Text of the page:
There was a bit of a hoo-ha last week, when Google announced that 56.1% of all paid-for display ads never actually appeared on anyone's screen.

"Google admits that advertisers wasted their money on more than half of internet ads," was the view of a typical commentator

But are the attacks on banner ads justified?

Yes, it's true that click-through rates are low.
  
Perhaps you've seen a list that's been going around the interwebs - '5 Horrifying Stats About Online Display Advertising'.
 
It goes like this: the average banner ad has a 0.1% clickthrough rate, therefore…

  • You are more likely to be dealt a full house in a poker hand than click on a banner ad. (Source: Solve Media)
  • The average person is served over 1,700 banner ads per month. Do you remember any? (Source: comScore)
  •  You are more likely to give birth to twins than click a banner ad. (Source: Solve Media)
  • About 50% of clicks on mobile ads are accidental. (Source: GoldSpot Media)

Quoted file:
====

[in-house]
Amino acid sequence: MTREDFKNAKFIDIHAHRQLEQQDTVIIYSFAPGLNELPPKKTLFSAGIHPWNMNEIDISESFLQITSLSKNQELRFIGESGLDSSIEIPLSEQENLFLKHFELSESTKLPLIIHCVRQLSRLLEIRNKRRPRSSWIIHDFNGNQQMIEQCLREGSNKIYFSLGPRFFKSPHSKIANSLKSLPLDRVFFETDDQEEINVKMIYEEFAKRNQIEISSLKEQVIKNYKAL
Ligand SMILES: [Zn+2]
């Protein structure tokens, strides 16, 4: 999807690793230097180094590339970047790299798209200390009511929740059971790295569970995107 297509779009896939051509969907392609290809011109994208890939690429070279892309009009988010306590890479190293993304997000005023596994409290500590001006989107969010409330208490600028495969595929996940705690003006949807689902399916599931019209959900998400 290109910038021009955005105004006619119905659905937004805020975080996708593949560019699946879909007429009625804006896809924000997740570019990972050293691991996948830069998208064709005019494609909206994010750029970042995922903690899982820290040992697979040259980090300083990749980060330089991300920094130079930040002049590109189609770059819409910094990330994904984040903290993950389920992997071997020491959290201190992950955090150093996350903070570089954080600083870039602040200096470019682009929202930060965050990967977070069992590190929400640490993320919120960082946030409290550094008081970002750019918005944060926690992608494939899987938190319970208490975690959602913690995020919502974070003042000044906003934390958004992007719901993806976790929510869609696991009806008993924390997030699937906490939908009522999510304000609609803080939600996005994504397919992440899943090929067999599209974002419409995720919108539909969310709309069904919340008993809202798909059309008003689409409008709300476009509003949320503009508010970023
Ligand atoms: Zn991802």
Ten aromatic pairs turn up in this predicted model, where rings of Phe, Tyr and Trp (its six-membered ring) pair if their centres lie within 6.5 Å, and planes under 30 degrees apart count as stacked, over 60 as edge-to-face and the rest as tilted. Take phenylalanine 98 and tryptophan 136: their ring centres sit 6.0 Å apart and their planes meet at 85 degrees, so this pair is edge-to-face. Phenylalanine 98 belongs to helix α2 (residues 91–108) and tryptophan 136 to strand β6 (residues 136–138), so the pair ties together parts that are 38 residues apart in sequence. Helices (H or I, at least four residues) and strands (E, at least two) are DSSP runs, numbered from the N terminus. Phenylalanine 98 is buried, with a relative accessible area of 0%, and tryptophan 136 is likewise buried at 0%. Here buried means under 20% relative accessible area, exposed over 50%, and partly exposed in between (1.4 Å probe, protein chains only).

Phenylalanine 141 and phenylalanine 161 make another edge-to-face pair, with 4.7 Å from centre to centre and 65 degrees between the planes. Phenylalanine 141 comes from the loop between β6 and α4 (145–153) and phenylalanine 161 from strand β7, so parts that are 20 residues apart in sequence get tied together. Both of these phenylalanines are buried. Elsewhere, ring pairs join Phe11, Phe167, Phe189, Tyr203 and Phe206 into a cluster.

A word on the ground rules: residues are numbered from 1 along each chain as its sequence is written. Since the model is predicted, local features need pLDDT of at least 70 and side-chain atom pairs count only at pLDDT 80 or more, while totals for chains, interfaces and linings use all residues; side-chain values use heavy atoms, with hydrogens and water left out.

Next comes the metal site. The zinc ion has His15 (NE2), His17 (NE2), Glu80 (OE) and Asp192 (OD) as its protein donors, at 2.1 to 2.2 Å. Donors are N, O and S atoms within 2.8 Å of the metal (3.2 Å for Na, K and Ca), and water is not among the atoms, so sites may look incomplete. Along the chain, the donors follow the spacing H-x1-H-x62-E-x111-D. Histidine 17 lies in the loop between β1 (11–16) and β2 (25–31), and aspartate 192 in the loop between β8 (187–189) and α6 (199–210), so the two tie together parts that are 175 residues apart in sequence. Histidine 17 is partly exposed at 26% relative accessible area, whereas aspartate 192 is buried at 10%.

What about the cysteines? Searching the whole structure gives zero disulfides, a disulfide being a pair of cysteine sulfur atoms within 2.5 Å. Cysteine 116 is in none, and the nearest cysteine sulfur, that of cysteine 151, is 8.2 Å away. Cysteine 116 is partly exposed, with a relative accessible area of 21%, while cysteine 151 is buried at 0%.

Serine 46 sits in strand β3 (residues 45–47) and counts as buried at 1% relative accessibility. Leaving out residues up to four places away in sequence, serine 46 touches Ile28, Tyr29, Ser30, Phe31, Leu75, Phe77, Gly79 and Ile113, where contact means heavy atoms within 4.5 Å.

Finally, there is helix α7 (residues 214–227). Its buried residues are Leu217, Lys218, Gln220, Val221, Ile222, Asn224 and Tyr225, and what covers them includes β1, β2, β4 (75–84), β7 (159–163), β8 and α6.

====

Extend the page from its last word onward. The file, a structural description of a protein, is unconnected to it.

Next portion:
•  You are more likely to survive a plane crash than click on a banner ad. (Source: Solve Media)

    Is there anything good about display advertising?

    Yes. First off, ads appear next to the content you're already consuming and are interested in. That's handy. Also, retargeting can be used to hit people who have already visited a website; that means you're targeting a pretty hot prospect.

    Most of all, they work. Their results are highly measurable. So we know they work.

    Click through rates are indeed low on banner ads, and have been plummeting for years. The very first ones, like the 1994 ad shown above, which was for AT&T and is thought to be the very first banner ad ever served, had click-through rates as high as 10%.

    The average is a hundredth of that now.

    But hey, we can’t click on TV ads or radio ads or outdoor ads either.

    And as for that stat about 56% of online ads not being viewed... surely it's the same with print.

    What percentage of the ads do you see, when you read a newspaper or magazine? Chances are that you don't flick through every page of the newspaper, therefore the ads on those pages never appeared on those screens that you commonly call your eyeballs.

    Same as with banner ads.

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